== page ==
To identify further cellular factors required for EBOV infection that might be targets for host-directed therapies, we perform a whole-genome clustered regularly interspaced short palindromic repeat (CRISPR) screen, but rather than using recombinant VSV encoding EBOV GP, we use authentic infectious EBOV in a biosafety level 4 (BSL-4) laboratory. Our screen identifies GNPTAB as a host factor for EBOV infection. This requirement is confirmed in primary cells from MLII and MLIII patients with defective GNPTAB variants. Furthermore, we find that an inhibitor of the SKI-1/S1P protease required for GNPTAB activity blocks EBOV infection, suggesting that targeting GNPTAB may be a strategy for a host-targeted antiviral therapy for EBOV.

A CRISPR screen for genes important for EBOV replication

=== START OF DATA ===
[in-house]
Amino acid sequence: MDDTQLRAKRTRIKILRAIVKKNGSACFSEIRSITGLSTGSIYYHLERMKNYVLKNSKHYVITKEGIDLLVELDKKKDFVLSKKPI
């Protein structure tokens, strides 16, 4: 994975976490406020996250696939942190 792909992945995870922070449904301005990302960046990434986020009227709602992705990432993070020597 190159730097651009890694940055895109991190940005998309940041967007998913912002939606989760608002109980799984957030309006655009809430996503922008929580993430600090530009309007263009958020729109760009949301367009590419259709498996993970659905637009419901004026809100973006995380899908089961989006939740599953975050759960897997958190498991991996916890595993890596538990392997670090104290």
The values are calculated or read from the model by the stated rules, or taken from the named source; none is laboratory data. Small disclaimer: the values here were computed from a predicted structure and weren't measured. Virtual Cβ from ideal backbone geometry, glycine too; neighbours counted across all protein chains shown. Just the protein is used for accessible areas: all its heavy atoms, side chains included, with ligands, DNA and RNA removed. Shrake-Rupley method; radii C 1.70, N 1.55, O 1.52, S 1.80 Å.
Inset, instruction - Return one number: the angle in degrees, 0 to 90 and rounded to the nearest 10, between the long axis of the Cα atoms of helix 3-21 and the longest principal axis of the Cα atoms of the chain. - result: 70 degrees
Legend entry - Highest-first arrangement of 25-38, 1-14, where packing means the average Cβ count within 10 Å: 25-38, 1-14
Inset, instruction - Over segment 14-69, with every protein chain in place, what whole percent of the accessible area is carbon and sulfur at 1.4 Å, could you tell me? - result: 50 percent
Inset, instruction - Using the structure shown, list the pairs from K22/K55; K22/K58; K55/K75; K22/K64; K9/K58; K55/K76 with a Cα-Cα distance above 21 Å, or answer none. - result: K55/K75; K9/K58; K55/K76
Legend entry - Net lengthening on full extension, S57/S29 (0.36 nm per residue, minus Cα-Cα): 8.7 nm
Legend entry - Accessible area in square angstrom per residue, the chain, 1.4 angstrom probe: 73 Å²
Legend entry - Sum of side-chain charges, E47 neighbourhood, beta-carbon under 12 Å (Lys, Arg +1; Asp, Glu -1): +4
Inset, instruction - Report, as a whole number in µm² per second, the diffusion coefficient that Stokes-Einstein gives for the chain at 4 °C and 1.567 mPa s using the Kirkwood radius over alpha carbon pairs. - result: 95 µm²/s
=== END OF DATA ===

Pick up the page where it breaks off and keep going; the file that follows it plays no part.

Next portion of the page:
Genome-wide screens using gene-trapping, siRNA or shRNA methods have been used to identify host-factors required for filovirus infection12,17–19. Here, we performed a whole-genome CRISPR screen using the GeCKOv2 library in Huh7.5.1 cells29, and used authentic EBOV (Mayinga strain) to infect the library-transduced cells at a multiplicity of infection (MOI) of 0.3 (Fig. 1). Extensive cell death occurred in the infected culture. Surviving cells were then expanded, their genomic DNA was extracted, and their single guide RNA (sgRNA) sequences were determined. Several genes with significantly enriched sgRNAs were identified (Table 1, Supplementary Data 1 & 2). NPC1 was the top-ranked hit with 5 of 6 sgRNAs enriched. The second hit was Spinster-like 1 (SPNS1), which encodes a putative sugar transporter involved in lysosome function30. The third hit was Solute Carrier Family 30 Member 1 (SLC30A1), which encodes Zinc Transporter Protein 131. Further work will be required to confirm a role for these proteins in EBOV infection. Other hits included the previously reported subunits of the HOPS complex VPS16, VPS33A and VPS18 (Tables 1 and 2). UVRAG (Ultraviolet Radiation Resistance-Associated), which is required for influenza A and VSV entry32 but not previously implicated in EBOV infection, was also found. CTSL was only a minor hit, while CTSB was not significant.